New England birders have probably visited Machias Seal Island and seen plenty of Puffins, but the Puffins on Skommer Island are worth another visit. Most day trippers head immediately for the cliff known as the Wick where there are enough Puffins to keep anyone happy. A bird survey from Skommer shows: Puffins (6,000 pairs), 13,900 Guillemots (Common Murres), 3,000 Razorbills, 2,000 pairs of Kittiwakes and 700 pairs of Northern Fulmars.

Puffins at the Wick Skommer Island View of the Wick from the path
Skommer puffins on path Puffin in burrow Puffin with fish Skommer Island
Skommer Razorbills

These Razorbills were close to the landing dock.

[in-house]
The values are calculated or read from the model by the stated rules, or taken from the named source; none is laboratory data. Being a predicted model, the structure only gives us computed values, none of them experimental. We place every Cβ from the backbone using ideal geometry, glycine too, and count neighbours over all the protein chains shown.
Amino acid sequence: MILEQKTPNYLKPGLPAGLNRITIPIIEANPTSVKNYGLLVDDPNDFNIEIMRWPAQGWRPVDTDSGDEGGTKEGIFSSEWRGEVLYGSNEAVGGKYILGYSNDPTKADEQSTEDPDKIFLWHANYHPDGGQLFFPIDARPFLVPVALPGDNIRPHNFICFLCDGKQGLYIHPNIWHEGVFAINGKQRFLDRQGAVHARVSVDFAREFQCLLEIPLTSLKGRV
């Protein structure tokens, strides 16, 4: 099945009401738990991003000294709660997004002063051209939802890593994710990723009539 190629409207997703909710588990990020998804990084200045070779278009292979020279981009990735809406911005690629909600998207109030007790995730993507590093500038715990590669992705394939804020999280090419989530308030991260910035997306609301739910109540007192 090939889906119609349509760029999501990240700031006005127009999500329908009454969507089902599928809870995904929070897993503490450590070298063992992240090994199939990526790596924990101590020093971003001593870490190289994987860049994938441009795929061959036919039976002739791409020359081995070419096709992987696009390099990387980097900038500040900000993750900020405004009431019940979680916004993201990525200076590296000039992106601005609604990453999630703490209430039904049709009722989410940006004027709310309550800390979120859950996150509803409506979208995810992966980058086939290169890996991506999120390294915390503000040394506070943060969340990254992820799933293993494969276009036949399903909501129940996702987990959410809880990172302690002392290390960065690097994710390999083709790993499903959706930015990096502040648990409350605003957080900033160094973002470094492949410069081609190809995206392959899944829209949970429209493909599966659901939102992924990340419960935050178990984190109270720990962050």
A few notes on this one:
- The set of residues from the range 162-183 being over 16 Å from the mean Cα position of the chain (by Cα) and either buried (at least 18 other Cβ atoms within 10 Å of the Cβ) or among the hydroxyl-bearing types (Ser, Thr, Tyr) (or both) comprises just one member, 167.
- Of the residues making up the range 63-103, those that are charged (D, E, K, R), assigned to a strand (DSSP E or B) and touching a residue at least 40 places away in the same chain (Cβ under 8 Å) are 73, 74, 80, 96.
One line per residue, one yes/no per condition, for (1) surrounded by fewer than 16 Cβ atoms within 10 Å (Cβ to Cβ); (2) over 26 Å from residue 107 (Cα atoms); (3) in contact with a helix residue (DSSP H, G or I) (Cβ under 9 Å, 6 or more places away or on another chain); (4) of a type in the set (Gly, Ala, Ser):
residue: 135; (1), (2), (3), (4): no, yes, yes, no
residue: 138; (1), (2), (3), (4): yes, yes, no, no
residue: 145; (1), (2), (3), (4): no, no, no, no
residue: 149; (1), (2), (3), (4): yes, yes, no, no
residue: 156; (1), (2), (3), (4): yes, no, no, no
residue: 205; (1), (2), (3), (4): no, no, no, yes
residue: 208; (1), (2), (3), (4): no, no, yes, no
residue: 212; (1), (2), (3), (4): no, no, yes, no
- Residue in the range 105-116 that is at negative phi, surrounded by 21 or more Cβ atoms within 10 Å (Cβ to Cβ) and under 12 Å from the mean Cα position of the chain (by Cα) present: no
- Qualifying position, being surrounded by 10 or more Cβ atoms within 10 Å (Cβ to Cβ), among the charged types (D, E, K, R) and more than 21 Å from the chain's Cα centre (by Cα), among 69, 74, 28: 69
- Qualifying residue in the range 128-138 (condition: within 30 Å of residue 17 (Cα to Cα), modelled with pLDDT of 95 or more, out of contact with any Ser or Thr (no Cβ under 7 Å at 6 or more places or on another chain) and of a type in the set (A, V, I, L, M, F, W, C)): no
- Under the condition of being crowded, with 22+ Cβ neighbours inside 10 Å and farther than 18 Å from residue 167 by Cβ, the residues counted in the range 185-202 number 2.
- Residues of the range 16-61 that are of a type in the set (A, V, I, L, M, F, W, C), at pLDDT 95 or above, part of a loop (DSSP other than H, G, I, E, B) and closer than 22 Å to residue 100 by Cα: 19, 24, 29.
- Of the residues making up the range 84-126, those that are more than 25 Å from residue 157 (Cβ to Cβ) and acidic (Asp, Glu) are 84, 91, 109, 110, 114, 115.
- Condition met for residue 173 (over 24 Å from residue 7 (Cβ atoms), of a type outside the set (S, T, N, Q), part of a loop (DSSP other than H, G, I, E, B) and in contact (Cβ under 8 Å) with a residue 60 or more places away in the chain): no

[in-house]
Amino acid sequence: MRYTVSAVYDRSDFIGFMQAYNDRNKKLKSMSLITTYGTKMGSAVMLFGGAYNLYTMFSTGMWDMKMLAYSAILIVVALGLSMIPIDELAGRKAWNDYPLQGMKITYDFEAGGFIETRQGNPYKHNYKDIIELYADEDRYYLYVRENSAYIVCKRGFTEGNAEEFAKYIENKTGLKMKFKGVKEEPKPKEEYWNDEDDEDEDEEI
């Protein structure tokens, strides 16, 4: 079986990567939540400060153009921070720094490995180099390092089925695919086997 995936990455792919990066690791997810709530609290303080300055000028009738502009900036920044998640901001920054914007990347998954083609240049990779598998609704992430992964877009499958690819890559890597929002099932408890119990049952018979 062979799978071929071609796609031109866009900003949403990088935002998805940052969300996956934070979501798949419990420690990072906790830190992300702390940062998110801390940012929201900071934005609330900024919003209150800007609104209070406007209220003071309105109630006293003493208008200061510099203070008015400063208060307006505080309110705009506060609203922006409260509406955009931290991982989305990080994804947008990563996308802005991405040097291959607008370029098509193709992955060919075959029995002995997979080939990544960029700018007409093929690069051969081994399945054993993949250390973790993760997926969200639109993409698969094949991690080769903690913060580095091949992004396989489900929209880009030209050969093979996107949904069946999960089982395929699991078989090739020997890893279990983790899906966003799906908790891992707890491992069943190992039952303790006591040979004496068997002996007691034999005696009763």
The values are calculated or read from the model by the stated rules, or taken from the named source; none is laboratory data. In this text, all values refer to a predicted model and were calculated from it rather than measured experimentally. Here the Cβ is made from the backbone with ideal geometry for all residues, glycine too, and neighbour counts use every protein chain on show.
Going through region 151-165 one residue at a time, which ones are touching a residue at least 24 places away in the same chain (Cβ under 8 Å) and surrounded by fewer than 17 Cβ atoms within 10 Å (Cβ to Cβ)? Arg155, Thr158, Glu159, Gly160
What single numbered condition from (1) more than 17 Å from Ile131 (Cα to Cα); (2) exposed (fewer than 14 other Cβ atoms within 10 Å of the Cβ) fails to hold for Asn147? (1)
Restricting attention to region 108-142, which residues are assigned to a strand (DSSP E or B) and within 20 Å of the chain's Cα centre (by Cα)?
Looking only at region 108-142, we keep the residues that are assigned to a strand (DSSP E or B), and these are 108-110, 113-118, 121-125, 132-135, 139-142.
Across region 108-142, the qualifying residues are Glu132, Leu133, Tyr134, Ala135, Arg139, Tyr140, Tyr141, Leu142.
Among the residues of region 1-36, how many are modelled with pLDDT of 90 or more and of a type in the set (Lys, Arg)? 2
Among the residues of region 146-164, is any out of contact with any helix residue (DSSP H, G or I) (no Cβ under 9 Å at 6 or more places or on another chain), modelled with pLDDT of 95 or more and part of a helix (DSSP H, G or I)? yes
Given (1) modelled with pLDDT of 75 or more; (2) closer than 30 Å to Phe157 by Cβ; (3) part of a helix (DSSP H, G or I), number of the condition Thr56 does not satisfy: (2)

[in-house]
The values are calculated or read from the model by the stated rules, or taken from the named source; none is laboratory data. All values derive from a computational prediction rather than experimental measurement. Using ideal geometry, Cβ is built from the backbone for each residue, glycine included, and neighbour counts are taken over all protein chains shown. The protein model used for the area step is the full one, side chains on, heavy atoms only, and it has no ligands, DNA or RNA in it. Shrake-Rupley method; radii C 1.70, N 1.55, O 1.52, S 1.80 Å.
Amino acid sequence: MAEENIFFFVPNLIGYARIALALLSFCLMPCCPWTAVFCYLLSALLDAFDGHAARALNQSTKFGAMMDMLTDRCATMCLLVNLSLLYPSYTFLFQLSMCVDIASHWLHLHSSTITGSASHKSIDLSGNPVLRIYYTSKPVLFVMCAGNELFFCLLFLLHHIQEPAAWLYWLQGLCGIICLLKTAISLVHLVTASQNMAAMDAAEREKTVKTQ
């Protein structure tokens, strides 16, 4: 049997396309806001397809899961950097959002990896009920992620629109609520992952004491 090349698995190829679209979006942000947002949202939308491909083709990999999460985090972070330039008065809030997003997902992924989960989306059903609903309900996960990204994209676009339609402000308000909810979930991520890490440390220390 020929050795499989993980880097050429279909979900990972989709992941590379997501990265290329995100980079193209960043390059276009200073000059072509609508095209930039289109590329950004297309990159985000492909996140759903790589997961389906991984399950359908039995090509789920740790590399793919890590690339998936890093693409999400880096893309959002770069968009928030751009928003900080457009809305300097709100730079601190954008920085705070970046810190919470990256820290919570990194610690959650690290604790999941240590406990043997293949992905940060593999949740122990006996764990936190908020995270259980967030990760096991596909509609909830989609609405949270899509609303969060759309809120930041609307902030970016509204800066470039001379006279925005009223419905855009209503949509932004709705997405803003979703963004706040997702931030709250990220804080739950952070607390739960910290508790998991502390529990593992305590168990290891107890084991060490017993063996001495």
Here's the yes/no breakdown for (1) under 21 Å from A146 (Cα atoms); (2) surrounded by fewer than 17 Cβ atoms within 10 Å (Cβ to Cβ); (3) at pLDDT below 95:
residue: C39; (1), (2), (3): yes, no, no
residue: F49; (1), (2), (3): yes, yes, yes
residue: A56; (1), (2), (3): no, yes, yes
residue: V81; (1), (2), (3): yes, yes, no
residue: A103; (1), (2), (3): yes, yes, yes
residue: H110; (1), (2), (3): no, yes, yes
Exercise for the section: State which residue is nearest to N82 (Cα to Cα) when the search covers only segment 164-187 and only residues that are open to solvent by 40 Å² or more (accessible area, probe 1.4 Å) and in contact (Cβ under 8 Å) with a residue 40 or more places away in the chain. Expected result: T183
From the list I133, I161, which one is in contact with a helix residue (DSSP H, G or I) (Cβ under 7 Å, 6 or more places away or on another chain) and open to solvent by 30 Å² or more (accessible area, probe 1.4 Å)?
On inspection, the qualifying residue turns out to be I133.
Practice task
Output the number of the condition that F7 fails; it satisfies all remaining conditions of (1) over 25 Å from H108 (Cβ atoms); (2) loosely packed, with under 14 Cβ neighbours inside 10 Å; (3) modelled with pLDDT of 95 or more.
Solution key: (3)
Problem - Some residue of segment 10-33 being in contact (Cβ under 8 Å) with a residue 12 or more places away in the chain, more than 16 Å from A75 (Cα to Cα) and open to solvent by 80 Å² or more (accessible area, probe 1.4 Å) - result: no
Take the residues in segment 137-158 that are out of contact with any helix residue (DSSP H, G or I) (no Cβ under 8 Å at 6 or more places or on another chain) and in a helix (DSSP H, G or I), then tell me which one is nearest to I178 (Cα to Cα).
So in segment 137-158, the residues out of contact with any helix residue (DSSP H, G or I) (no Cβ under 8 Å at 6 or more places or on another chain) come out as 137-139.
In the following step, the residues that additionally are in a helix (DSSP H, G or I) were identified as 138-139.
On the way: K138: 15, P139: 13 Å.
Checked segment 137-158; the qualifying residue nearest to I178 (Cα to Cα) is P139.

Other birds you can see on Skommer are: Peregrin Falcon, Short-eared Owl, Pheasants, Blackbirds, Dunnocks, Winter Wren, Wood Pigeons, Magpies, Carrion Crows, Pied Wagtails, Sedge Warblers, Whitethroats, Moorhens, Mallards

If you are lucky enough to spend the night on Skommer you not only have a chance to see the Manx  Shearwaters come and go from the burrow, but you can wander around during the day time looking for the above birds.  As a day tripper I had only 4 hours on the island and did not see many of the above birds.

I would not have missed this trip despite the shortness.  I have never been so close to Puffins before.  It is a photographers dream.